A real-life example may help make this clear. When I was praying with friends recently a woman in the group said, "While we were praying I saw a picture in my mind of two angry faces talking, and it looked like fire was coming out of their mouths." Then another woman said, "I think one of the faces was me. I've been gossiping and spreading dissension by some things I've said to other people in this room." There was silence, then the woman who first saw the mental picture said, "I think the other face was me. I've been gossiping too!" A church elder who was present then read James 3:5, "So the tongue is a little member and boasts of great things. How great a forest is set ablaze by a small fire!" After that, a beautiful time of repentance and forgiveness took place, including tears.

Now that type of event does not challenge a true understanding of "the sufficiency of Scripture" at all. Scripture tells me gossip is wrong; it does not tell me two people in the room have been gossiping (cf. 1 Cor. 14:24,25). Scripture tells me to go to my brother if he has something against me; it does not tell me that Robert has been angry with me about something I said. In addition, out of all the verses in the Bible, God will sometimes use prophecy to bring to mind exactly the right Scripture passage for the situation at hand. This happened to me recently at a meeting for our church. I had awakened that morning with a passage from 2 Samuel on my mind, and when I read it without comment at the meeting, the Holy Spirit used it to bring conviction to our hearts and tears to our eyes.

What a rich blessing this is for the New Covenant Age (from Pentecost until Christ returns)! Here is a great privilege we have over believers in the time of the Old Testament, when only a few people had the gift of prophecy. On the day of Pentecost, Peter said that the New Covenant Age had begun, because Joel's prophecy was fulfilled:

And in the last days it shall be, God declares, that I will pour out my Spirit upon all flesh, and your sons and your daughters shall prophesy, and your young men shall see visions, and your old men shall dream dreams; yes, and on my menservants and my maid servants in those days I will pour out my Spirit; and they shall prophesy (Acts 2:17,18).

Peter does not say only the apostles would prophesy. He does not say only church leaders would see visions and dreams. He says the Holy Spirit is going to give these things to old and young, to men and women, to parents and children. That means all sorts of people in the Church.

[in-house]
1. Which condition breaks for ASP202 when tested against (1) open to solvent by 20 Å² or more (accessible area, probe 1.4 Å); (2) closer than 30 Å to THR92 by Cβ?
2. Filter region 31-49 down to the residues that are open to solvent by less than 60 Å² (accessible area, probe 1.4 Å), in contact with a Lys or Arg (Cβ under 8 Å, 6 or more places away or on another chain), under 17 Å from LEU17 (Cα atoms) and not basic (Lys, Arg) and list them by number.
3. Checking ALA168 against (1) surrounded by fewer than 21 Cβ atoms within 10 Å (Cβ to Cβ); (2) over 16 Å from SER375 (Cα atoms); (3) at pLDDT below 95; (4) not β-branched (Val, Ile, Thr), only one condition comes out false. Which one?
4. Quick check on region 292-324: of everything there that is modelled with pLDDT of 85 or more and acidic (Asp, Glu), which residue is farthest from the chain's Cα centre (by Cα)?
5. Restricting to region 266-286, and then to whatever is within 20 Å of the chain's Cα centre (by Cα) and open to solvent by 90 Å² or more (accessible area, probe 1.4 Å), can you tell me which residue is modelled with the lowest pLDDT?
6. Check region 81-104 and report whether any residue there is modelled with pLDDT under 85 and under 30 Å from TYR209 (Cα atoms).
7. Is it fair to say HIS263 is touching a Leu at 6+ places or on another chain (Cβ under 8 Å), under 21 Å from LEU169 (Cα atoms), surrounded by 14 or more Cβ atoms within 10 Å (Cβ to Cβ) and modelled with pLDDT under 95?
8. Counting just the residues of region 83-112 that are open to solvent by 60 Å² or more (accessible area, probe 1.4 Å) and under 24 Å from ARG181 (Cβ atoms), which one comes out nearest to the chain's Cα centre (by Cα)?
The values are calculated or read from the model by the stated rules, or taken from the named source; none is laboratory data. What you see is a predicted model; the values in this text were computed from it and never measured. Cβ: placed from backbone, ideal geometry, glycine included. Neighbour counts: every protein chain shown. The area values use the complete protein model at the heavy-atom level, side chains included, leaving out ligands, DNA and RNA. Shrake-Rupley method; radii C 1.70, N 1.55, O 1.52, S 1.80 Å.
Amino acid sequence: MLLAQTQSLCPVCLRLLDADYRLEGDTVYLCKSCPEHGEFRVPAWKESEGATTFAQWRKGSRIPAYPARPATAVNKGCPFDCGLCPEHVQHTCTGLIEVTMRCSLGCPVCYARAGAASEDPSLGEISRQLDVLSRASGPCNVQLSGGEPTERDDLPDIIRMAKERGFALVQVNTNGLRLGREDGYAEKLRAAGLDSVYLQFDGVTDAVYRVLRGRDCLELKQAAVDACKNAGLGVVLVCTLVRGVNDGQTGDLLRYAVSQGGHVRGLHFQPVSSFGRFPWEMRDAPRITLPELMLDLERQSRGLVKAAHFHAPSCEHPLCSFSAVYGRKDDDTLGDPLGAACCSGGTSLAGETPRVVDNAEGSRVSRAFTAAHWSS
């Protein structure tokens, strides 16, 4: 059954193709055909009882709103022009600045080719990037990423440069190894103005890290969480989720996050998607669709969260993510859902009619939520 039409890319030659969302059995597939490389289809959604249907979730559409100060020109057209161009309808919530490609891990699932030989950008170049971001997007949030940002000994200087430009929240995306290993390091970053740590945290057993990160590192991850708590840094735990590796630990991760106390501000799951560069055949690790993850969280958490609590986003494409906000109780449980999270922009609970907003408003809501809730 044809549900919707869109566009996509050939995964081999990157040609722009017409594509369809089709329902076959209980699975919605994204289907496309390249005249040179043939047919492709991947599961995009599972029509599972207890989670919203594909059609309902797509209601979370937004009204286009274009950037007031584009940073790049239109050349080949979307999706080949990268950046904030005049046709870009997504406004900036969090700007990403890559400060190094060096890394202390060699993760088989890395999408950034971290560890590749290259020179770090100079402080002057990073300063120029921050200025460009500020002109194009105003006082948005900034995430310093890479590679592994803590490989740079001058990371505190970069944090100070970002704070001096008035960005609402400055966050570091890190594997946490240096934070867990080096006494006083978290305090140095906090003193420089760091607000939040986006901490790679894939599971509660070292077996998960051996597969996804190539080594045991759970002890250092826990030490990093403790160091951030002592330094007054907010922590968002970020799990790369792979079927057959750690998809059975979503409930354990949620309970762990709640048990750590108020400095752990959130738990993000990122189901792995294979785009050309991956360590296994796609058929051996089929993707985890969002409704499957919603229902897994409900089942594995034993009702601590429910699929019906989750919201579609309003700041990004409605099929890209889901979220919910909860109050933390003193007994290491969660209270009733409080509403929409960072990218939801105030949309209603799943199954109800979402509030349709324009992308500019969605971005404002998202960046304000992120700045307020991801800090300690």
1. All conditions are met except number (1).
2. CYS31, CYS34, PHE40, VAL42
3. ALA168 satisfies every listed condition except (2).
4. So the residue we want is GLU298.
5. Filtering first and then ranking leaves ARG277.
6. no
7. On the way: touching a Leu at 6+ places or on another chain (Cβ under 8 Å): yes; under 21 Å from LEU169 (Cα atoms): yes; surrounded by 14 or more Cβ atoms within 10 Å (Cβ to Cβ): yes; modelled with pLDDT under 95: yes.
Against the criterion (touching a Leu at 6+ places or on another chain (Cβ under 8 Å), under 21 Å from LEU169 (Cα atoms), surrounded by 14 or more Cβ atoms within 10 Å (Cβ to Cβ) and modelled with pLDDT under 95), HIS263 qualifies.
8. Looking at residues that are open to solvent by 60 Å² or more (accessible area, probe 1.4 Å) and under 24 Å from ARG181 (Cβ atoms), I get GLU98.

And Peter does not say this will be limited to the first few years of the Church (as some would tell us). Joel was predicting the time of the New Covenant, the time of the full outpouring of the Holy Spirit on God's people. That is the age we still live in today--and these are the blessings we should yet expect from God today.

Taken from "The Kingdom and the Power: Are Healing and Spiritual Gifts Used by Jesus and the Early Church Meant for the Church Today?", edited by Gary S. Greig and Kevin Springer. © Copyright 1993 Regal Books, Ventura, CA 93003. Used with permission.




Prayer Requests [top]

  • Please pray for the efforts of Raul Mock and the Executive Committee to finish printing the Summer 2000 issue of the Pneuma Review. This issue is very late because of unforeseen machine and logistical problems. Raul has already put in some 60 hours trying to offset print this issue.
  • Please pray for the Pneuma Foundation to receive the funds it needs to begin regular mailings to its members and those who would be interested in receiving information about Pneuma Foundation ministry efforts.

Praise Reports

  • Join with us in praising the Lord our Provider. Sometimes when it does not seem like there is any possible way to solve a problem or fill a need, God demonstrates His care and provision is such a beautiful way.
  • Special thanks goes to Larry Hard of Grand Valley Printing for allowing the Pneuma Foundation to come in and use his equipment and know-how to print the Summer 2000 issue of the Pneuma Review when it looked like there was no way to get it done.